Is ammonium chloride biodegradable?

The article will explain the biodegradability of ammonium chloride. Other covered topics would include:

  • What decides the biodegradability of ammonium chloride?
  • What is the relationship between ammonium chloride and the environment?
  • How to store ammonium chloride?
  • How to dispose of ammonium chloride?
  • What are the greener alternatives?

Is ammonium chloride biodegradable?

Ammonium chloride is not biodegradable since it is synthetic, inorganic and toxic in many ways. However, various researchers have been able to achieve biodegradation of ammonium chloride under controlled environments. 

Ammonium chloride plays an active role in altering the biology and chemistry of water bodies and therefore, people are cautioned to avoid the use or disposal of ammonium chloride in water bodies as the effects in there will be reciprocated at various levels of food chains. 

The article will also discuss various ways through which ammonium chloride can be stored and disposed of safely because the right storage and disposal will eventually mean that less risk is subjected to the environment. 

Lastly, greener alternatives to ammonium chloride will be discussed that include biofertilizers and compost. Their positive impacts will also be shed light upon. 

What decides the biodegradability of ammonium chloride?

There are three factors that will determine the biodegradability status of anything including ammonium chloride. These include:

  • How broadly and readily it is degraded by microbes 
  • What is the environmental impact of a material 
  • How natural and organic that material or compound is 

Now, if we assess our case of ammonium chloride against these factors, we will note that:

  • ammonium chloride is made in the labs by the combination of ammonia with hydrogen chloride 
  • ammonium chloride is inorganic 
  • ammonium chloride has detrimental impacts on plants, aquatic life and humans 
  • ammonium chloride may also exhibit antimicrobial properties 

Therefore, based on these points, it can be argued that the credibility of ammonium chloride as a biodegradable material can not be well-established. However, various contemporary pieces of research have indicated otherwise. 

As per a number of recent researches, scientists have been able to achieve good biodegradation rates brought about by the microbes on ammonium chloride. 

Therefore, to conclude and wrap things up, it can be said that ammonium chloride is not biodegradable since it is synthetic, inorganic and toxic in many ways. However, various researchers have been able to achieve biodegradation of ammonium chloride under controlled environments.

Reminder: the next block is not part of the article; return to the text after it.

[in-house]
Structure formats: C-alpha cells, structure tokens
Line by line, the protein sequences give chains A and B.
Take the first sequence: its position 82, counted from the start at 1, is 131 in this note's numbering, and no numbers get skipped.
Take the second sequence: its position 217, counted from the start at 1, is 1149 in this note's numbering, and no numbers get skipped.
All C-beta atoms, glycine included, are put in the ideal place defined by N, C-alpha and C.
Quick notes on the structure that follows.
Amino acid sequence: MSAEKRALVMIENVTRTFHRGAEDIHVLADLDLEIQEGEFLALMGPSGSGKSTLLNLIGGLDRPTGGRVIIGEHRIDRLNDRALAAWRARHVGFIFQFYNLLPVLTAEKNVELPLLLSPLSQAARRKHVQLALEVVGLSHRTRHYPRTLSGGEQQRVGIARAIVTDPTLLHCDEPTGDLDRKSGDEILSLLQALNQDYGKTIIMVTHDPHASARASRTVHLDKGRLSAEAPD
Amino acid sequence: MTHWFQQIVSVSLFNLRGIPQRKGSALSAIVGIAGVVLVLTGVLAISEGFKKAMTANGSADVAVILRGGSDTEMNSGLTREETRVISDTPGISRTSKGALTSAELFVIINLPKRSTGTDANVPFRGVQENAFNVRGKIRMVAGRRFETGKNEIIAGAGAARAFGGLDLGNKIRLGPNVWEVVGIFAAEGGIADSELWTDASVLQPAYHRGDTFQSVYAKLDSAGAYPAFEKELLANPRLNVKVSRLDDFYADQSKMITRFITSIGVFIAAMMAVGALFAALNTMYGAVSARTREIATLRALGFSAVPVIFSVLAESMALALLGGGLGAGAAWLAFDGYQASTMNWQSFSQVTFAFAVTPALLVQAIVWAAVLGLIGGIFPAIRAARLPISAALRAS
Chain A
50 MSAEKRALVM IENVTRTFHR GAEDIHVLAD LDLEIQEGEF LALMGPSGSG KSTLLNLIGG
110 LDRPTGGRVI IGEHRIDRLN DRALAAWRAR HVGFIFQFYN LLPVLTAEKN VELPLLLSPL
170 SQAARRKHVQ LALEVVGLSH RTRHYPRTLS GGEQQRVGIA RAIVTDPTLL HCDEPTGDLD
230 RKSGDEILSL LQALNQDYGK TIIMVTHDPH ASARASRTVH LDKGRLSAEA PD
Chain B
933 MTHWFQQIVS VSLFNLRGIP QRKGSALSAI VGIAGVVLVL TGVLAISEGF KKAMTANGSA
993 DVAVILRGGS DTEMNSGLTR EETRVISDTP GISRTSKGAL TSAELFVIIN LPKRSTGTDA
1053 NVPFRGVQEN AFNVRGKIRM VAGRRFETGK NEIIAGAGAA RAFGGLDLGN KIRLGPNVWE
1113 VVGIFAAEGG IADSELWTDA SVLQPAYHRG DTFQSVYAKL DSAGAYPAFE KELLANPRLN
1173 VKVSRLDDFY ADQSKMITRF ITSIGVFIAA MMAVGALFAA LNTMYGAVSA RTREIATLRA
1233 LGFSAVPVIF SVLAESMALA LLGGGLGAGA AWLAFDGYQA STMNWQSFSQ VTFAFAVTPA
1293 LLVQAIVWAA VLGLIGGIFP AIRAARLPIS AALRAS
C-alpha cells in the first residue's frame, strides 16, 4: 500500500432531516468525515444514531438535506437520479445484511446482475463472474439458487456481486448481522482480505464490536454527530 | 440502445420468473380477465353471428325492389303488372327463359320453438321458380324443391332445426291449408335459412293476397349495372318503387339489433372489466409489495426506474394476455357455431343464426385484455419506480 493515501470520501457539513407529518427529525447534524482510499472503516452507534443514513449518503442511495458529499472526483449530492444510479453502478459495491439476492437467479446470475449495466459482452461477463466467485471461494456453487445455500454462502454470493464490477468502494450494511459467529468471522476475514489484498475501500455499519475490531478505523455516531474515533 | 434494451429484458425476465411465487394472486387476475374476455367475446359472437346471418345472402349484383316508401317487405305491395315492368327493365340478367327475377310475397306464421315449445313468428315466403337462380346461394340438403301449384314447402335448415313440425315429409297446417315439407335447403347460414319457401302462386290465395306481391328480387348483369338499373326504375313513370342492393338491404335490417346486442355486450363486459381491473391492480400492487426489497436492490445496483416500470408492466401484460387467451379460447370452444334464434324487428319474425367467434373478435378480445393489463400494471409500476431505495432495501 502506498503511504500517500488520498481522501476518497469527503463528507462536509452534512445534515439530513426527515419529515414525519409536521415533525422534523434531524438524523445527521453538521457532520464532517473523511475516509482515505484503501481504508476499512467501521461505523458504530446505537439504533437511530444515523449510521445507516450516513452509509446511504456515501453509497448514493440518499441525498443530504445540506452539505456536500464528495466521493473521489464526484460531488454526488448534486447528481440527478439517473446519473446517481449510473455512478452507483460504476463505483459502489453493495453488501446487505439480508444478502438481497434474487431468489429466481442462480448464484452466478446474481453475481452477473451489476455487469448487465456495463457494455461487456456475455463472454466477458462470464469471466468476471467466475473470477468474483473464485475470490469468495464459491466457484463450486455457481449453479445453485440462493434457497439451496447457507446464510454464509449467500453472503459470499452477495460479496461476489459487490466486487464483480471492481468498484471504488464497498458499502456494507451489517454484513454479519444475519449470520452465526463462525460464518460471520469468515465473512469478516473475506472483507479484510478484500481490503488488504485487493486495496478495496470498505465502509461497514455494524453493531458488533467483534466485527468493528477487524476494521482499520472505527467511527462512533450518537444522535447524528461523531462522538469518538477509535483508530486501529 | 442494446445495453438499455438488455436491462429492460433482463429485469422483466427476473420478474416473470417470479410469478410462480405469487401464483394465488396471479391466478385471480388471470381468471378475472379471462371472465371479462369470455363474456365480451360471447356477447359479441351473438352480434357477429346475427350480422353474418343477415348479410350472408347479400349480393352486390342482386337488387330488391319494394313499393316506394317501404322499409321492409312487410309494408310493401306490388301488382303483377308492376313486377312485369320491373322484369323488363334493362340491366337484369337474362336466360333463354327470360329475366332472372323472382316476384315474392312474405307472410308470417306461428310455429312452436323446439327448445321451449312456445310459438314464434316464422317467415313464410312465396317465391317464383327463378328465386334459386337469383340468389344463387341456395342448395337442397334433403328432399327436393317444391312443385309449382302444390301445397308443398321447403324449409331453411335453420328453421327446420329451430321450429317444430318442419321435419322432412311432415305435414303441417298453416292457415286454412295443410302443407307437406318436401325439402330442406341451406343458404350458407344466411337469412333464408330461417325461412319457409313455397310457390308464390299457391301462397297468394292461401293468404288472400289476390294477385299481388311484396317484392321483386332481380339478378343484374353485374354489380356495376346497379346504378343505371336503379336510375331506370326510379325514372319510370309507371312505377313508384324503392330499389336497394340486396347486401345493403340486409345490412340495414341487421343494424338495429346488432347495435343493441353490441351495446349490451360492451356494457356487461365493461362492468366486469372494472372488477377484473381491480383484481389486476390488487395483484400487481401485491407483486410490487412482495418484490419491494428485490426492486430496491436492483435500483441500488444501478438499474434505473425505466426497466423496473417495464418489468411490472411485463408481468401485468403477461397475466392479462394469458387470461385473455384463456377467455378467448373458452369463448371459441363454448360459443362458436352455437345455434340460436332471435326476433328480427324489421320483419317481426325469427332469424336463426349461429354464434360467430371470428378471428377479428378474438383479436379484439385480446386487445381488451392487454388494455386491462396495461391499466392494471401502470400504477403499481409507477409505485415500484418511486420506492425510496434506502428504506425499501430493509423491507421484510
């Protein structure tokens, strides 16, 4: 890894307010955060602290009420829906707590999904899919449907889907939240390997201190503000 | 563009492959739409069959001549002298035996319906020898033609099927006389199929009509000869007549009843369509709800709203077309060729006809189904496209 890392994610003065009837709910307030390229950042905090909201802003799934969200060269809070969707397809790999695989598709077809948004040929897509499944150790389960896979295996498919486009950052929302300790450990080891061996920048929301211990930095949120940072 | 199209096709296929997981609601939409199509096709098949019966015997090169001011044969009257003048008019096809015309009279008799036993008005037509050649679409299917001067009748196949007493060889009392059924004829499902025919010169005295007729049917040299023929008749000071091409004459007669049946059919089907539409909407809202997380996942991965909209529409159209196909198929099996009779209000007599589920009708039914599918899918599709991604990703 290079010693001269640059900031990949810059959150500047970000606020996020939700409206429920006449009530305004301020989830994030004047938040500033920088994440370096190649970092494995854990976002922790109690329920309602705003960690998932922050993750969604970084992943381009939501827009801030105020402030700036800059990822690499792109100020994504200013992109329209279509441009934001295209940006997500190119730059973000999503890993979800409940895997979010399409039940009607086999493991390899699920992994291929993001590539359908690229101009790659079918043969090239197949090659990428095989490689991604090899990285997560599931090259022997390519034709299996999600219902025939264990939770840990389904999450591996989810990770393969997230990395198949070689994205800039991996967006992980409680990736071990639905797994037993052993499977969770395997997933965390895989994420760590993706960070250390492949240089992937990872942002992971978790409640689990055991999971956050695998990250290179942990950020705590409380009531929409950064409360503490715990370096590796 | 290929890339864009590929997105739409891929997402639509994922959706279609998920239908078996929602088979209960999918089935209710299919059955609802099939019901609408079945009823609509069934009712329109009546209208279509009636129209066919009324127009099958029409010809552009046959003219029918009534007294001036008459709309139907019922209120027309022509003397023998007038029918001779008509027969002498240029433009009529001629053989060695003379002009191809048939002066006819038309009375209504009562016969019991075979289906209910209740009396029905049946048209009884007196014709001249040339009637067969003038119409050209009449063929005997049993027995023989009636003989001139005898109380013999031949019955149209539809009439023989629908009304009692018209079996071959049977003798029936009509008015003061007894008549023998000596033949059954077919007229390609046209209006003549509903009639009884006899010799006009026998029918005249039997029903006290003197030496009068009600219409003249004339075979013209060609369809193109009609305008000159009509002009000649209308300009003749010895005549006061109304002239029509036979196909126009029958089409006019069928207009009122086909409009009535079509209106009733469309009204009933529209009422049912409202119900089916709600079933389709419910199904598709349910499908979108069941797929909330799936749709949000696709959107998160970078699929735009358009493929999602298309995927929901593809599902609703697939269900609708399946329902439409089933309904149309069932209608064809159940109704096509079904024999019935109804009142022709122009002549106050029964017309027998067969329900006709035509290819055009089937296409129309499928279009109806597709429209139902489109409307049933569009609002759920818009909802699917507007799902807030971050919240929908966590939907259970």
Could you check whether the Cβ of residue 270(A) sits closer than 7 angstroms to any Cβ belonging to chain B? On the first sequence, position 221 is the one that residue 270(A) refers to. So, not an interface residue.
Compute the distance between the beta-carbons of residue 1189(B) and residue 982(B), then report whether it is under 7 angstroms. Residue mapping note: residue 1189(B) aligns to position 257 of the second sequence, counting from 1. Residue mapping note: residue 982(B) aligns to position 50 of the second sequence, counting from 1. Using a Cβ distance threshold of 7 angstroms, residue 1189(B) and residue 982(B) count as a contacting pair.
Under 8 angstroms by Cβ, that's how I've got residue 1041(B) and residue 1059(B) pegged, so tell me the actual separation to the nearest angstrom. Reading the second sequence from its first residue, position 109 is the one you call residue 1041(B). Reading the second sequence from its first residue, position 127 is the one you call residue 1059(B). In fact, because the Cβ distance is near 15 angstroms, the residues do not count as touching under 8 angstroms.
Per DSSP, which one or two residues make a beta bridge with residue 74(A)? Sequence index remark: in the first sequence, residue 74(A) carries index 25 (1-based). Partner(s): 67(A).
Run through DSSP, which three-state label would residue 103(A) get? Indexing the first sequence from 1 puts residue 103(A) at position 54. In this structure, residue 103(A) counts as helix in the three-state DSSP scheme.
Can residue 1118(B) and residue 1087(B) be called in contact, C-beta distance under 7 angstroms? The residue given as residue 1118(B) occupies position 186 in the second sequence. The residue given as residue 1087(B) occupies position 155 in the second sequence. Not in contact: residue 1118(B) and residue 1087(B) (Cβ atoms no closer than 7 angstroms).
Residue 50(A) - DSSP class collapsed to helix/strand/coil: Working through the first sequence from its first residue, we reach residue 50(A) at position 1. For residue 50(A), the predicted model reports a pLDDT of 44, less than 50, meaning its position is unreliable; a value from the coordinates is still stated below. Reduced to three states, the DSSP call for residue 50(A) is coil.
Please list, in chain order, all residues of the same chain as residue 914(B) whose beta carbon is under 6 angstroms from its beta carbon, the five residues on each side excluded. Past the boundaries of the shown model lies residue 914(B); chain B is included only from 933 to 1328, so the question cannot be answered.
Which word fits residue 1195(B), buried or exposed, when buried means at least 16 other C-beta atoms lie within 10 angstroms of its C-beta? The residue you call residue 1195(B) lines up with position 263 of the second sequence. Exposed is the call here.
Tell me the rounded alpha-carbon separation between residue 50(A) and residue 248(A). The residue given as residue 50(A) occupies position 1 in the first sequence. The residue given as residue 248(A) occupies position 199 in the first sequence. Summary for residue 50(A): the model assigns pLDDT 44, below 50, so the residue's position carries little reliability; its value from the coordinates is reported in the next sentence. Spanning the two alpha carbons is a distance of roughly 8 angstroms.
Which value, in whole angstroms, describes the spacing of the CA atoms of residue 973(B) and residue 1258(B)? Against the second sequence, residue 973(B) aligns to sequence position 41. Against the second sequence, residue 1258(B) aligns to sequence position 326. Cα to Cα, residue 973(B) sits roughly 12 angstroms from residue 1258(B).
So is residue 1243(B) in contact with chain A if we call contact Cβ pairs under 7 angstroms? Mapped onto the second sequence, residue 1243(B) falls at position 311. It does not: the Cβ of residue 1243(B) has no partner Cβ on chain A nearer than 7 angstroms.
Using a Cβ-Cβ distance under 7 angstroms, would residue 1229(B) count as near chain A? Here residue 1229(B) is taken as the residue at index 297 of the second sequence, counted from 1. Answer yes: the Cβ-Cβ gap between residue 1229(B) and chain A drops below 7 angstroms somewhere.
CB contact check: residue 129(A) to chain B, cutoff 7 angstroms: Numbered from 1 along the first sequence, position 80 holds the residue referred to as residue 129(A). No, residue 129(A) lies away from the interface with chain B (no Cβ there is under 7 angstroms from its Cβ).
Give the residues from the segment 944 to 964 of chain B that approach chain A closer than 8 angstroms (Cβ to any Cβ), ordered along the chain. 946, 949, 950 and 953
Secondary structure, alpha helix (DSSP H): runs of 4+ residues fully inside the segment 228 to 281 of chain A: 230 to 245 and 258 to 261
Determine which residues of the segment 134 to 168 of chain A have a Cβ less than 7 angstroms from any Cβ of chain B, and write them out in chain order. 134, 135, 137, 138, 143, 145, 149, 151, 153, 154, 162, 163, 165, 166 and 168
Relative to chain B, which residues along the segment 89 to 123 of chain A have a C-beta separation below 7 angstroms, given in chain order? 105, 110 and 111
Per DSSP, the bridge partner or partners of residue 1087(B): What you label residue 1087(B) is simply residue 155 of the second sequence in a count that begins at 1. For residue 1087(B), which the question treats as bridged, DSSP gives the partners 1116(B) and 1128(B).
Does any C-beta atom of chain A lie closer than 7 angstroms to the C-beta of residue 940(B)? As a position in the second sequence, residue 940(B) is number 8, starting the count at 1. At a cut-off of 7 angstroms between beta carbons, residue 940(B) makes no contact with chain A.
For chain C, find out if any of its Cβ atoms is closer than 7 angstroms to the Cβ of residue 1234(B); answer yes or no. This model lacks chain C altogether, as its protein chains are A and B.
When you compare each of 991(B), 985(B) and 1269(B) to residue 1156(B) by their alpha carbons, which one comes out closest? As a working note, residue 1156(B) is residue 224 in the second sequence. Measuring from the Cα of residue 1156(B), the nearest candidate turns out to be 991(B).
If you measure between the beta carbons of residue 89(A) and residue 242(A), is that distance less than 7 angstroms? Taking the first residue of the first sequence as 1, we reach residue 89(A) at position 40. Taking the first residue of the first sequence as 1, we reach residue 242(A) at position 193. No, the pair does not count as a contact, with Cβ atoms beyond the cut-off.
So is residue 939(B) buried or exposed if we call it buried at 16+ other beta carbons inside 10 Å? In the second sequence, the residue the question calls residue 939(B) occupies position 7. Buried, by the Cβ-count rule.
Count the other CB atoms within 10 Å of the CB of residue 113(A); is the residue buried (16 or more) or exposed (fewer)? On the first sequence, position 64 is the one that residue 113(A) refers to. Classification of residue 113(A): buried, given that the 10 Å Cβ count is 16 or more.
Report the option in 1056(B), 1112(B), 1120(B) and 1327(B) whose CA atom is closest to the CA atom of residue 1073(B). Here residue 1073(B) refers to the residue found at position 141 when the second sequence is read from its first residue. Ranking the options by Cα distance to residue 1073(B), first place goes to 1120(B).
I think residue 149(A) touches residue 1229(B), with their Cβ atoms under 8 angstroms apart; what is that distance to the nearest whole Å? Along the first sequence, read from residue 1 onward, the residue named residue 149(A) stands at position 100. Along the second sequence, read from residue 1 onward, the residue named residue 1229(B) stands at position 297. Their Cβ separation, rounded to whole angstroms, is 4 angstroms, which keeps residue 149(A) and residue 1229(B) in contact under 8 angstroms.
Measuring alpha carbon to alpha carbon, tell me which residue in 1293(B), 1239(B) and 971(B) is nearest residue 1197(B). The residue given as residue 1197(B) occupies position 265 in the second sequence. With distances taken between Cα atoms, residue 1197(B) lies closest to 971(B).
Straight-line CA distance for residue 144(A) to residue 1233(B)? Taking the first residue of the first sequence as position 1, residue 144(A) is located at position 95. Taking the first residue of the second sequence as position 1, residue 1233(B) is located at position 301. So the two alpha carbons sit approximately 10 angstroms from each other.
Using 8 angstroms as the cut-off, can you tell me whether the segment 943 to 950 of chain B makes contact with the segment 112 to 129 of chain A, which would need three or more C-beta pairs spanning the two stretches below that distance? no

What is the relationship between ammonium chloride and the environment?

How does ammonium chloride affect aquatic life?

As stanced, there are a number of detrimental impacts of ammonium chloride on the environment. As per studies, there is a blunt relationship between ammonium chloride and aquatic life. Hence, care should be taken in not disposing of ammonium chloride in water bodies. 

When ammonium chloride is disposed of in water bodies, the fishes are unable to eliminate ammonia from their bodies due to the presence of high amounts of ammonia in the water bodies (from ammonium chloride). 

This leads to detrimental impacts on the fish such as:

  • Damage to the gills
  • Stress
  • Internal damage 
  • Death 
  • Effect on the food chains 

Therefore, ammonium chloride plays an active role in altering the biology and chemistry of water bodies and therefore, people are cautioned to avoid the use or disposal of ammonium chloride in water bodies as the effects there will be reciprocated at various levels of food chains. 

How does ammonium chloride affect plants?

When it comes to the relationship between ammonium chloride and the plants, it is stanced that there is a positive relation (if dealt with care). 

Ammonium chloride is a good source of two major elements that include:

  • Nitrogen 
  • Chlorine 

Both these elements play a pivotal role in the basic metabolic functions of the plants and therefore, are deemed necessary for the plants. 

However, if for any reason, these elements are not present in the right quantities, there could be negative effects in terms of decreased growth or altered biology. Owing to this, ammonium chloride may be used as a fertiliser to achieve the following advantages:

  • Increased growth 
  • Disease prevention 
  • Better crop yield 
  • Increased water retention 

However, while there are positive effects of ammonium chloride on the environment and plants, it is advised to not use ammonium chloride in excessive quantities as this can result in unfavourable conditions in terms of plants’ growth and overall well-being.